He says: "I am a poet and my job is to learn the poetics of different cultures. My own poetry is to do with understanding the nature of my mind, or mind itself. Consciousness. That's why I was so interested in dope and travel."

Ginsberg's story of his China trip along with three new poems was syndicated by UPI. So how did the Chinese react to Beat?

"The lady who was my host at Fu-Dang University in Shanghai had been educated in physics and was a specialist in the molecular structure of surfaces. During the Cultural Revolution she was locked out of her office and made to clean latrines, kicked around so she walks with a limp. Today she's a member of the Central Committee.

" 'I Saw the Best Minds of My Generation Destroyed by Madness' (the first line of 'Howl') is considered a giant anthem for all the people who got screwed up during the Cultural Revolution in the Sixties. Its very popular. The Junior/Senior anthology of American Literature Volume 2 (used in Chinese schools), contains fifty pages of 'On the Road' and thirty pages of Norman Mailer's 'The Executioner's Song.' "

We talk about poets past. Ginsberg is currently enthusiastic about
Christopher Smart, whose epic poem 'Rejoicing' was written in Bedlam at the tim of Dr Johnson and not published until 1920, and Edward Carpenter "who wrote long-line poems in the style that I write. He liberated E.M. Forster. Forster read the eulogy at his death. Carpenter went to visit Whitman, went to India, wrote many books on travel and the joy of sex. He was one of the first Englishmen to come out in the 1890s and he got away with it."

He shows me an old volume of Carpenter's 'Towards Democracy.' While he's on the phone, I look at the pencilled inscriptuion. 'Purchased at the Gotham Book Mart in New York on August 6th, 1966, the date of a major anti-Vietnam demonstration.'

Ginsberg's father Louis was a published poet and first-generation immigrant but Allen says he never primarly thought of himself as a poet until he met Kerouac.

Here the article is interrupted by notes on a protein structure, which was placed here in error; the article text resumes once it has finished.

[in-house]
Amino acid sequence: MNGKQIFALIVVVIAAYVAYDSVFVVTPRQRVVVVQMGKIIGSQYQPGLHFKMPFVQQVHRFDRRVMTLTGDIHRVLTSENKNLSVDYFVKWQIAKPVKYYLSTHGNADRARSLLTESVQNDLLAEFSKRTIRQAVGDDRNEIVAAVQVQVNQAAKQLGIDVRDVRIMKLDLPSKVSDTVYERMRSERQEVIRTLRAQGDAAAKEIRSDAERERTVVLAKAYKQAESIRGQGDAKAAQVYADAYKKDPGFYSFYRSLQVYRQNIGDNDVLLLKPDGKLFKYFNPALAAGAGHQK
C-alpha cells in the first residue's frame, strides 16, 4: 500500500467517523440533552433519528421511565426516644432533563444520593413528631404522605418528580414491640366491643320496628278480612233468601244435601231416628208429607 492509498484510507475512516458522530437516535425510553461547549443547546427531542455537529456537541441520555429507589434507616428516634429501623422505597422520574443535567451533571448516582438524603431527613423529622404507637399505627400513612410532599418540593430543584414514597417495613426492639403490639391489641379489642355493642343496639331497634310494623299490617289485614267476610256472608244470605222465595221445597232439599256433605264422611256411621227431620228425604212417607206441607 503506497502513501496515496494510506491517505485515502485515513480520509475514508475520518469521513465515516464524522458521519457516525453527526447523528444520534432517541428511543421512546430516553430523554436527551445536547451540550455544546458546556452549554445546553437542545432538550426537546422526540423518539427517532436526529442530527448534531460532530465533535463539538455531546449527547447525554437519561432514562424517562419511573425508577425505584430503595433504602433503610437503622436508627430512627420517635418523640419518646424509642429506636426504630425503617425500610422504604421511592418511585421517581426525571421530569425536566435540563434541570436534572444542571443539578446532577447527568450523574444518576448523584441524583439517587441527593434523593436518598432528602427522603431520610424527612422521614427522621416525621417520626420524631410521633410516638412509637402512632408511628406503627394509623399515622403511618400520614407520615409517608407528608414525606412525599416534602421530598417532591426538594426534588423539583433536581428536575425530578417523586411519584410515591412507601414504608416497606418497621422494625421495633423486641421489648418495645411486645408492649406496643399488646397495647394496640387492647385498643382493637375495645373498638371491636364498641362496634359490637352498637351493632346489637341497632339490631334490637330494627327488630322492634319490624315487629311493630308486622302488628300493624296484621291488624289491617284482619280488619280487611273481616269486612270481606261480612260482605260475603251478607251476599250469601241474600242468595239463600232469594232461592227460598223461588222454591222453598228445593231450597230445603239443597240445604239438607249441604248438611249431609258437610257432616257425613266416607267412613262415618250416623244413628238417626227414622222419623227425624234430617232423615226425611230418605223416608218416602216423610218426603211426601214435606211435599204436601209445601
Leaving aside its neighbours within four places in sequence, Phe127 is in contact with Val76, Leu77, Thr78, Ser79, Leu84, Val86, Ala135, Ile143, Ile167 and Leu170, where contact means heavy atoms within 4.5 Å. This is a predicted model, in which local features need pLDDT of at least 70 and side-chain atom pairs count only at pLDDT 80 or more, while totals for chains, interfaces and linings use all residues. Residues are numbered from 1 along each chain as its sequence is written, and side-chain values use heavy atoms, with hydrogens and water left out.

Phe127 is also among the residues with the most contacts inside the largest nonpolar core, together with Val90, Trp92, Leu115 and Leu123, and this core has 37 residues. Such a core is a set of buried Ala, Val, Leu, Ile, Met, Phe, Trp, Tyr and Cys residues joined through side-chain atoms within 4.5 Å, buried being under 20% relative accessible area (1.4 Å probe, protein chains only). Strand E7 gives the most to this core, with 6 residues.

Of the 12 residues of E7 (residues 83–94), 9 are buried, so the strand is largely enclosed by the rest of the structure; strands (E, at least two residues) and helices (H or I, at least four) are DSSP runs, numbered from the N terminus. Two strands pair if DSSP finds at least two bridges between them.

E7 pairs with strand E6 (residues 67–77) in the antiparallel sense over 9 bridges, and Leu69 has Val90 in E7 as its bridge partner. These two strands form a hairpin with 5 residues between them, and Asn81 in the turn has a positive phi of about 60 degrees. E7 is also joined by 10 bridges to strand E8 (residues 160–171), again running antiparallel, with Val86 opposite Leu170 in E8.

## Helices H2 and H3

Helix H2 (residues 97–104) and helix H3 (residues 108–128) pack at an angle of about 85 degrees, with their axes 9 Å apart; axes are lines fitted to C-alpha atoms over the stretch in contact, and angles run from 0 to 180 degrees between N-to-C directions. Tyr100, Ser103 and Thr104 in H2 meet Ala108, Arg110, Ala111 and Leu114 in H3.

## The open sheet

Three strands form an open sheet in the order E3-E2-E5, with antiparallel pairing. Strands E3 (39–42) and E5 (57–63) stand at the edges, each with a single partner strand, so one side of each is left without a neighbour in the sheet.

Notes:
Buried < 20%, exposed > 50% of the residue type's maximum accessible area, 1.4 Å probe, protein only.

"Kerouac's thing was a very simple matter: the discovery of the actual physical body of the nation and the exploration of the archetypal social faces and the vernacular and the slang and the native wisdom, as distinct from government official wisdom."

Then you remember again, this guy drove with Neal Cassady, was crowned King of the May in Prague in 1965, was at the New York's World Fair in 1940, in Havana with Cab Calloway in 1953, journeying on Amtrak with Hart Crane on the brain, in Guatemala, down in Times Square c. 1945. He's been a copy boy and a merchant marine.

By this stage of the conversation the questions are multiplying. Time and space have contracted to a pinhead as Ginsberg explains the Buddhist rules for life. The Daily Telegraph correspondent is scribbling away furiously on the bean bag behind me. So there was only one thing left to do. I had to ask about the Bomb.

"First of all, I don't think there will be a nuclear diaster, simply because I don't think the entire world is going to voluntarily commit suicide. Individuals might do sometimes but en masse it would take a wave of suicidal anger sweeping around the world to set off a war like that.

"What we're destined for is something worse, which is having to live together. Having to make the changes and adjust to the distressing disturbances and anxieties, recognising our own neuroses and having to live together, which is more difficult.

" The absoluteness of the Bomb imposes a kind of mythological insight on everybody. They have to understand certain basic things about their own agression in order to survive, so that anxiety can be transformed into wisdom. That is the traditional Buddhist way - turn shit to roses. A more polite Chinese term is turn waste to treasure. It's alchemy - turn lead to gold. Alchemise your experience by seeing pain as some manifestation of insight or wisdom rather than something to be avoided and not thought about."

I wrapped my raincoat around me and headed for the street.'

I sent the piece to Allen on 11 June 1985 and received a postcard from him sometime later (date undecipherable). The picture on the front was a photo of Ginsberg taken by William Burroughs in 1953.

The message reads:

Dear John May: Thanks for..sending Richard's and your essays. A few mental typos: my apartment is in Manhattan Lower East Side, (2) I taught 'Seafarer' to Corso, (3) Fudan not Fudang, (4) Smart's Rejoice in the Lamb (5) that wasn't really Calloway Cuba 1953 but a pimp- (something) fellow drest like Cab. Otherwise accurate and excellent gist of our conversation. Hope you print it somewhere. See you in Time - or US or England or the Moon - Allen Ginsberg USA